Experience Ethiopia’s Harar, A City That Fascinates

Ethiopia has recently been having some serious political strife, so the East African country may seem to be a strange suggestion given the current climate.  While there are parts of the country that currently are not particularly safe for the ordinary tourist, including much of the surrounding area around Addis Ababa and the legendary Gonder, the ancient city of Harar has been relatively free of problems.  Harar is not necessarily the first city that one thinks of when considering a trip to East Africa, however, given the sights and day-to-day activities, travelers would benefit from considering it.  Ethiopia has been a patchwork of different ethnic groups and religions for centuries, and Harar is no exception, however, the character of the city is overwhelmingly Islamic with over 110 mosques populating the city.  The city has been referred to, at times, as the fourth holiest city in Islam, and was added as a UNESCO World Heritage Site in 2006.  While Islam is intertwined with the history of the city, today Harar is mixture of Christians and Muslims, just like the rest of the country.  The original ethnic inhabitants of the city, the Harari, only make up ten percent of the city, however, they still maintain the Harari language which is distinct from official language of Ethiopia, Amharic.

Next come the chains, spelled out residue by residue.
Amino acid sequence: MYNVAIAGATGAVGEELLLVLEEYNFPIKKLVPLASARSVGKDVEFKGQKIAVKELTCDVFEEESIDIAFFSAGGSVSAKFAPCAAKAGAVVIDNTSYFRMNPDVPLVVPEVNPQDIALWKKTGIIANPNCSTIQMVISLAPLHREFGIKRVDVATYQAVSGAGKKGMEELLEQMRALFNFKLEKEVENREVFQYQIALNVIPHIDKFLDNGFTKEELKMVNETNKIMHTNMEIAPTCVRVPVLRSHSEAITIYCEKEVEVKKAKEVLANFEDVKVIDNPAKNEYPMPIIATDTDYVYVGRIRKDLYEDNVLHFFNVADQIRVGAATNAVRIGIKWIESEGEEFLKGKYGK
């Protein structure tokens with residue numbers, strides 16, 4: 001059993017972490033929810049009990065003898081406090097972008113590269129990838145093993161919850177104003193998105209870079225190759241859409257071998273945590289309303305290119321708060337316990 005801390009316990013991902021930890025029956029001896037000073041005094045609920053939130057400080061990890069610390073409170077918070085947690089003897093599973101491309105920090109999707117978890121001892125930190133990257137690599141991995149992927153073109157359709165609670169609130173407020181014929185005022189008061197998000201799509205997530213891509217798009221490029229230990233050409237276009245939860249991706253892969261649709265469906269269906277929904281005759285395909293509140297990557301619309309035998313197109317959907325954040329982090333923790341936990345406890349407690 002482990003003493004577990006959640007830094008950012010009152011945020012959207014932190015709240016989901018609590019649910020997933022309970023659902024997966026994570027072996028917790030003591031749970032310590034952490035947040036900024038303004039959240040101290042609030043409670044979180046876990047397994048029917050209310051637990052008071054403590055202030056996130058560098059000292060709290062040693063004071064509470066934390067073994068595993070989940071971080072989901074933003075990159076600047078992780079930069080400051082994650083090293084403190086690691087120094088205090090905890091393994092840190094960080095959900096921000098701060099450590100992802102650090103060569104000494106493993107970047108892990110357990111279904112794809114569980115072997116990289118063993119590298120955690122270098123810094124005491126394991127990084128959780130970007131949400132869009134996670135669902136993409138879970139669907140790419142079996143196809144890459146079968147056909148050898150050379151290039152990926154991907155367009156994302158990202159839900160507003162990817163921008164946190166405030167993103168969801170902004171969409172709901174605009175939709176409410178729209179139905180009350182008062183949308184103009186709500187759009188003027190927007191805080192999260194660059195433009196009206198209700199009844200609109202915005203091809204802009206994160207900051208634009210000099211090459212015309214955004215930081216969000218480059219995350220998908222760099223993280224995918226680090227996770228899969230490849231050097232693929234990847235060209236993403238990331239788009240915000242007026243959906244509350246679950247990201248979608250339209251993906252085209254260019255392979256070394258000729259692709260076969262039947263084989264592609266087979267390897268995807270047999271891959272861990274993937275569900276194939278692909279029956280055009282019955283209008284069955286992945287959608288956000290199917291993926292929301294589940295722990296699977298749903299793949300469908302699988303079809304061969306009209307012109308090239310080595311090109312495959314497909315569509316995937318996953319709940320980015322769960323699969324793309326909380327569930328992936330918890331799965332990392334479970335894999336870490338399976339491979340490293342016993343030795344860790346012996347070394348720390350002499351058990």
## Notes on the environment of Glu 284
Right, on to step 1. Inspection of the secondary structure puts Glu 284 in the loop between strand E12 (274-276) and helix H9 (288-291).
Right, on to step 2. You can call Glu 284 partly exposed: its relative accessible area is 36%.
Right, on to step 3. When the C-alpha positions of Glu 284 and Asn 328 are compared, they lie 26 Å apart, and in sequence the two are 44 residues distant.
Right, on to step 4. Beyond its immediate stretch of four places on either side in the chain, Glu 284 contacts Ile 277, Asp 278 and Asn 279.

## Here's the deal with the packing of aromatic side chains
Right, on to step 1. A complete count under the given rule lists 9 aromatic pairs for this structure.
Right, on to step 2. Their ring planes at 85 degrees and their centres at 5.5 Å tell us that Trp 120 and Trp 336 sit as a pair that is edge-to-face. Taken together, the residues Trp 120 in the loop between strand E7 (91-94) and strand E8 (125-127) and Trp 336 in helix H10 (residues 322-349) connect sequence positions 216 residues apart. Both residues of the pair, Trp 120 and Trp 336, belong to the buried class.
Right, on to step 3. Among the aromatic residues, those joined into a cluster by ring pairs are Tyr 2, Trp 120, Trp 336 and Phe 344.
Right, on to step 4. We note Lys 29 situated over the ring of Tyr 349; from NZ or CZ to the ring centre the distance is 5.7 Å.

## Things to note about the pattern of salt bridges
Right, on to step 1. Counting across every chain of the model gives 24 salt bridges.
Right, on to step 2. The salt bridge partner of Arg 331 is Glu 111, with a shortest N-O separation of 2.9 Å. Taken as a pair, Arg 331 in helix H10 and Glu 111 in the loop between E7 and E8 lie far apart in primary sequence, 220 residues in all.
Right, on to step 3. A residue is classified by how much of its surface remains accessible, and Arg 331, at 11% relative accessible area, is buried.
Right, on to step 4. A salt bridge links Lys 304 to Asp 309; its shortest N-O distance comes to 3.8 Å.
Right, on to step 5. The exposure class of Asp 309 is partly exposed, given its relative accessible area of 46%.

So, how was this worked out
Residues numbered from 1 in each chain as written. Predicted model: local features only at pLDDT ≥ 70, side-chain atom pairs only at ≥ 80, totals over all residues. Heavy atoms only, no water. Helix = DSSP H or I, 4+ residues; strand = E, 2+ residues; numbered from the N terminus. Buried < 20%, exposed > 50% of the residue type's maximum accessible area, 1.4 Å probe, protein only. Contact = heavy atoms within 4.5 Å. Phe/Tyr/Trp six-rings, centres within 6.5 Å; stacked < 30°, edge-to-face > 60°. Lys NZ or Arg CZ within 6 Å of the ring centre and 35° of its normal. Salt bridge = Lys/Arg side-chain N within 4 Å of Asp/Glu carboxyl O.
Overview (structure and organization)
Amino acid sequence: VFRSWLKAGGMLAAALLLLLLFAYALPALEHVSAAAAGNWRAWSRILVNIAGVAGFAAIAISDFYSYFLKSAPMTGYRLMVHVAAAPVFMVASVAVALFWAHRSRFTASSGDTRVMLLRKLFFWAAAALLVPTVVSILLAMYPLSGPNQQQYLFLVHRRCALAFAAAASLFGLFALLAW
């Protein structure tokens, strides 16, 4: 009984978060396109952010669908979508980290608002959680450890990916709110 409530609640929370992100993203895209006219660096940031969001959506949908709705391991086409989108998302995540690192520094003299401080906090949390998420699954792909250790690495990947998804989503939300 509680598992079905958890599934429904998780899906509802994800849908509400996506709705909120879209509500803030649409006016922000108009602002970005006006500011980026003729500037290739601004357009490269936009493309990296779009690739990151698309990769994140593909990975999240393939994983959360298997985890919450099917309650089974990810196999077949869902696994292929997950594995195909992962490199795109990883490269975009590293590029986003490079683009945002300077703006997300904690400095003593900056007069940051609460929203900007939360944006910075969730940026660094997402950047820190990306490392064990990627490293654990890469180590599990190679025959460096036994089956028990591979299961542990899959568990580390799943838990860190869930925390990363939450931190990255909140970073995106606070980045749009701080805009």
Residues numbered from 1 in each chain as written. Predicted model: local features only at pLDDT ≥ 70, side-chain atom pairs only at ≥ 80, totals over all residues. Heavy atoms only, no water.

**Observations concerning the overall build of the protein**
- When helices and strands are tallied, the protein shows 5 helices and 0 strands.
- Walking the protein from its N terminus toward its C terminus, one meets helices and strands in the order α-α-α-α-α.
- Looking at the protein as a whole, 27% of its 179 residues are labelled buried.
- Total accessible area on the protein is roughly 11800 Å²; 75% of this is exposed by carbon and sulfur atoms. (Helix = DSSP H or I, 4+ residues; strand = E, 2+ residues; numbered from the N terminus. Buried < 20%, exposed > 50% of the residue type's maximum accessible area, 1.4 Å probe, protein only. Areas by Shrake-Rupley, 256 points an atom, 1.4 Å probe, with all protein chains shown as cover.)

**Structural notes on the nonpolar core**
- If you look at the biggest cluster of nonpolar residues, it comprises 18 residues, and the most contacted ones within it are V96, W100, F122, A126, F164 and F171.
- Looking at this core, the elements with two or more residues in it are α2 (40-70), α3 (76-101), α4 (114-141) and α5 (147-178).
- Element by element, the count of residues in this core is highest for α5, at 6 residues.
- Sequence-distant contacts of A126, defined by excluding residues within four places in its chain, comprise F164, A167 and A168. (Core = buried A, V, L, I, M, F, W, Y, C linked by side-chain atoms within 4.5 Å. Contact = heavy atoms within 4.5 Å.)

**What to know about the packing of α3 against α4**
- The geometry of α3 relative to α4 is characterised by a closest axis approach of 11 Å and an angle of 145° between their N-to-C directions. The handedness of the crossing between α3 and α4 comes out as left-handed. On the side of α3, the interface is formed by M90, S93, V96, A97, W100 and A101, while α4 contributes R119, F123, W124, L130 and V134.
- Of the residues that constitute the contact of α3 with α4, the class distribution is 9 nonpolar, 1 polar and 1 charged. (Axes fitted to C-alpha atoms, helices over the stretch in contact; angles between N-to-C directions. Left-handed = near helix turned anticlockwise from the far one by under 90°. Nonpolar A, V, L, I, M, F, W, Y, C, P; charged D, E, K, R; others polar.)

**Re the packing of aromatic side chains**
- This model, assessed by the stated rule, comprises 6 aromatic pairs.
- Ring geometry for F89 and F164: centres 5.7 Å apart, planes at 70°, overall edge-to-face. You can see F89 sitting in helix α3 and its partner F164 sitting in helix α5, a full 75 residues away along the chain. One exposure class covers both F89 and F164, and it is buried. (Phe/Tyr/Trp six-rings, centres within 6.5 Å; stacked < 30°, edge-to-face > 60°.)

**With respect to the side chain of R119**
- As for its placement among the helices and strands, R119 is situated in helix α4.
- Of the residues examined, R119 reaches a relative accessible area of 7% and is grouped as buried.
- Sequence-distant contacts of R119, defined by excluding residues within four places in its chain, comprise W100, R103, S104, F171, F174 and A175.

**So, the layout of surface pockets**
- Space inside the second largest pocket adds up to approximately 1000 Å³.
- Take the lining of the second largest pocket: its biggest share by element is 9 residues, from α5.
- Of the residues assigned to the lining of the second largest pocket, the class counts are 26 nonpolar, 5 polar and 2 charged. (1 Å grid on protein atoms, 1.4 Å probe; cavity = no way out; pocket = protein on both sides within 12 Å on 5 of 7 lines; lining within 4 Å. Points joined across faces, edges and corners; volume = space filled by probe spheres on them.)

Ironically, despite the historically religious character of the city, Harar is home to one of the most famous breweries in Ethiopia, unsurprisingly named the Harar Brewery.  While the brewery was recently sold to Heineken in 2011, much like many other breweries in Ethiopia, it still continues to produce both a pale lager and a stout, with the city’s distinctive gate on the label.  Harar is far more famous, however, for its coffee, which is one of the oldest varieties in the world.  The coffee cherries are still dried in the sun and then hulled and separated by hand, extracting some of the most flavorful beans in the world.  While the coffee is exported around the world, the sure way to have it fresh is to have it in Harar.

In addition to the famous gate and mosques, tourists can see the famous house of French poet Arthur Rimbaud which features unique wooden architecture.  One of the main tourist draws in Harar is the feeding of the Hyenas, a practice that developed in the 1960s by a farmer who did so to stop the hyenas from attacking his animals.  The hyenas had actually been feeding of the refuse created by the city for centuries, basically serving a sanitation function.  Today, there are only a few “hyena men” who still feed the animals, and nightly they put on a spectacle where they feed the animals and invite some of the braver tourists to feed the hyenas themselves.

Harar is about ten hours from Addis Ababa by bus, however, both the bus ticket and hotels are relatively inexpensive, even when compared to those in the capital.  These buses, however, depart before daybreak from either city, and it is not uncommon to see a hyena before boarding the bus to depart after an adventure!


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